As agreed, I was to accompany Dar to a photo exhibit of John Gutmann’s work at the Center for Creative Photography, as she had visited Biosphere 2 with me a day earlier. After seeing Gutmann’s fine work, we were going to split up. I dropped her off at the Tucson Museum of Art, where an Ansel Adams exhibit was showing, while I drove the 30 miles south to Sahuarita, Arizona to experience the Titan Missile Museum. First however, the Hotel Congress in downtown Tucson, awaited our arrival.
I’d been to the Hotel Congress once before, but hadn’t truly appreciated its place in US history.
Located in downtown Tucson at the corner where Congress Street, Toole Avenue and Fourth Avenue all converge, Hotel Congress was built in 1919 and is located directly across from the former Tucson train station. Club Congress, a venue in the hotel, started in 1985 as a place for local artists to showcase their art and today has been dubbed “One of the ten best rock clubs in the United States”. I vaguely recall having a drink in the adjoining “Tap Room” when I first visited the hotel back in 2006.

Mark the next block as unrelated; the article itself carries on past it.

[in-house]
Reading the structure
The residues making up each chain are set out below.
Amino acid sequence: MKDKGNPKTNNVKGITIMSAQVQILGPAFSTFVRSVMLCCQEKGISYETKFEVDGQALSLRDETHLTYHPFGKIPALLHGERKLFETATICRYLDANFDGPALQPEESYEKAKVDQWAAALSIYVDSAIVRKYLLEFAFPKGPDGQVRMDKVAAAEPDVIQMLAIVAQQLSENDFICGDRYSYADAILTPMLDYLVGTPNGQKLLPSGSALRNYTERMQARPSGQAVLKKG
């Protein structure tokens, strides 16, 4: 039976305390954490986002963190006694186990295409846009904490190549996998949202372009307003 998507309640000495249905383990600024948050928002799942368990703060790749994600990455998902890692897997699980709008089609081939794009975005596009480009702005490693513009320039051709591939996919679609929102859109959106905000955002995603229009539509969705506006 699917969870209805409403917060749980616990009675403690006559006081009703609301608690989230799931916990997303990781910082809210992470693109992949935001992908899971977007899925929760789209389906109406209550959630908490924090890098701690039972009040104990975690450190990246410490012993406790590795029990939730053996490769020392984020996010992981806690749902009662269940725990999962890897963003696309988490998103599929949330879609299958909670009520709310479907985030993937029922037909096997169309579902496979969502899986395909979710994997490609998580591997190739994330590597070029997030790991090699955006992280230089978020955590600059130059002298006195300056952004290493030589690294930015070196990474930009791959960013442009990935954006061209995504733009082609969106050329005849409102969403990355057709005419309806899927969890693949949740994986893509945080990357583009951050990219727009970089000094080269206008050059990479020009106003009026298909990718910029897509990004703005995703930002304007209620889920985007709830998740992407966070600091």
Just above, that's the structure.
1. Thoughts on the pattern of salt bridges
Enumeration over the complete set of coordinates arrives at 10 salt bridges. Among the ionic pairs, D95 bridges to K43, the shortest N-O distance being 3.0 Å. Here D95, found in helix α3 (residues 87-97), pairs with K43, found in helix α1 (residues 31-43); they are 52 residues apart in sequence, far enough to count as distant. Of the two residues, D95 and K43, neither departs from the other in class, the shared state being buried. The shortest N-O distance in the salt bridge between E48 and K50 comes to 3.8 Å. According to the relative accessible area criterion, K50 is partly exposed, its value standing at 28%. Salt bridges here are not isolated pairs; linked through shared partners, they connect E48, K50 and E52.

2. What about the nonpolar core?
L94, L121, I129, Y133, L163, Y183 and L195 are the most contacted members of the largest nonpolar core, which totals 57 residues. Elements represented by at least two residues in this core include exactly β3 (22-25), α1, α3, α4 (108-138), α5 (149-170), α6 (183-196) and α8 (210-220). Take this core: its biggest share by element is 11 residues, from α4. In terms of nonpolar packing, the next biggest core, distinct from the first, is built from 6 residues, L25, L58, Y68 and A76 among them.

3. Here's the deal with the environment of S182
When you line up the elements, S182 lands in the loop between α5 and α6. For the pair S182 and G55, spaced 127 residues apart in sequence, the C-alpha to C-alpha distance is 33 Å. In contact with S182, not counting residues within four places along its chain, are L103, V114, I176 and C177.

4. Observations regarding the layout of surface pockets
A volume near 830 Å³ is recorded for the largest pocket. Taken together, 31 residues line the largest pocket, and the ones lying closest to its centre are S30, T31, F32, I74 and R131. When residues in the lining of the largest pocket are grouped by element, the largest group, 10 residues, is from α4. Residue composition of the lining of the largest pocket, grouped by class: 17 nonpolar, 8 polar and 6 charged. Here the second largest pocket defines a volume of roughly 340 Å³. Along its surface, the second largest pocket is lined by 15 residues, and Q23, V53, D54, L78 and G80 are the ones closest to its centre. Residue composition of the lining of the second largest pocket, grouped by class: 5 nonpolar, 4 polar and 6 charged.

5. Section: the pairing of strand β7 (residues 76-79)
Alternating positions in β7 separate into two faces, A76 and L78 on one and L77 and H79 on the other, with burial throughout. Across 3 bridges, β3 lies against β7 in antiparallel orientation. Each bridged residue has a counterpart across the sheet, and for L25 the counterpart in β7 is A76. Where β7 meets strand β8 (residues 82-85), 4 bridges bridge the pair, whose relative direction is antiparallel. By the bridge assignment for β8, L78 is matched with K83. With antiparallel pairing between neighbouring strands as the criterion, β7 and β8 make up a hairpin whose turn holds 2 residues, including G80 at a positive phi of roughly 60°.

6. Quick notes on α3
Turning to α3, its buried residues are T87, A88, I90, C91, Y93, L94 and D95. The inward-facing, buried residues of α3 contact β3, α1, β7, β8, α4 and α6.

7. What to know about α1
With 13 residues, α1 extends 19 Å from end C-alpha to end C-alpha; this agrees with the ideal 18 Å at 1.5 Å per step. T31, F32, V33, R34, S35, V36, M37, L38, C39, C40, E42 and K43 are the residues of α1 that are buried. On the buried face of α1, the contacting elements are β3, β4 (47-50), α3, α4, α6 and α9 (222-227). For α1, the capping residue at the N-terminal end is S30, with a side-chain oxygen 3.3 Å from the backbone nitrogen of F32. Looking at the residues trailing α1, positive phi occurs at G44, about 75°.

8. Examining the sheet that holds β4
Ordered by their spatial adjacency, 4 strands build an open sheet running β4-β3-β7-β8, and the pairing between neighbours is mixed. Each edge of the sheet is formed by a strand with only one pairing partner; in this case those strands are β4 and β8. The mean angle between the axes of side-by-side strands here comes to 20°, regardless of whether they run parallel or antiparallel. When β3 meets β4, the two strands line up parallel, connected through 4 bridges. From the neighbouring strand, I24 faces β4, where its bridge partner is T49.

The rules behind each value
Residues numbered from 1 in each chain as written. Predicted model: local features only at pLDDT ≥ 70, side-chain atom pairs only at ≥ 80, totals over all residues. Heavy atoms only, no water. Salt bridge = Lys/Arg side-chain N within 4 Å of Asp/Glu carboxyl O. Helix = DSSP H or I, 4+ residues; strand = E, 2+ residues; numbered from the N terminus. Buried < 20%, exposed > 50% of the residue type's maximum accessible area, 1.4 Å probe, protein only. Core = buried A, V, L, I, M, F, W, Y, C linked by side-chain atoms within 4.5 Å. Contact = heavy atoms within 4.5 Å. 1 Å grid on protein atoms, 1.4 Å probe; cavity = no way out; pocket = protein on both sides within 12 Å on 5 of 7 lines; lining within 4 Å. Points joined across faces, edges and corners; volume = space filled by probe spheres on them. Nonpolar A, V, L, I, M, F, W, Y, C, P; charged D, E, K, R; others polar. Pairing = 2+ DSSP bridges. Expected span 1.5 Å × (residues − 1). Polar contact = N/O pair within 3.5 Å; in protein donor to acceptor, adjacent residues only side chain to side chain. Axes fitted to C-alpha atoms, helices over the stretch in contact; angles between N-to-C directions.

It was January 22, 1934 when the Hotel Congress entered the history books after a fire led to the capture of John Dillinger and gang. Dillinger used Tucson, and the hotel, to lay low for awhile after a robbery in a nearby town, but a fire forced them out of their third story rooms via an outside ladder. Firemen were offered $50 to retrieve the “well dressed easterners” suitcases, which were later found to contain more than $23,000 in cash. The fireman recognized the men from a True Detective magazine and notified authorities. Within 5 hours, they were captured by the local authorities without firing a single shot. All Dillinger had to say was “I’ll be damned!”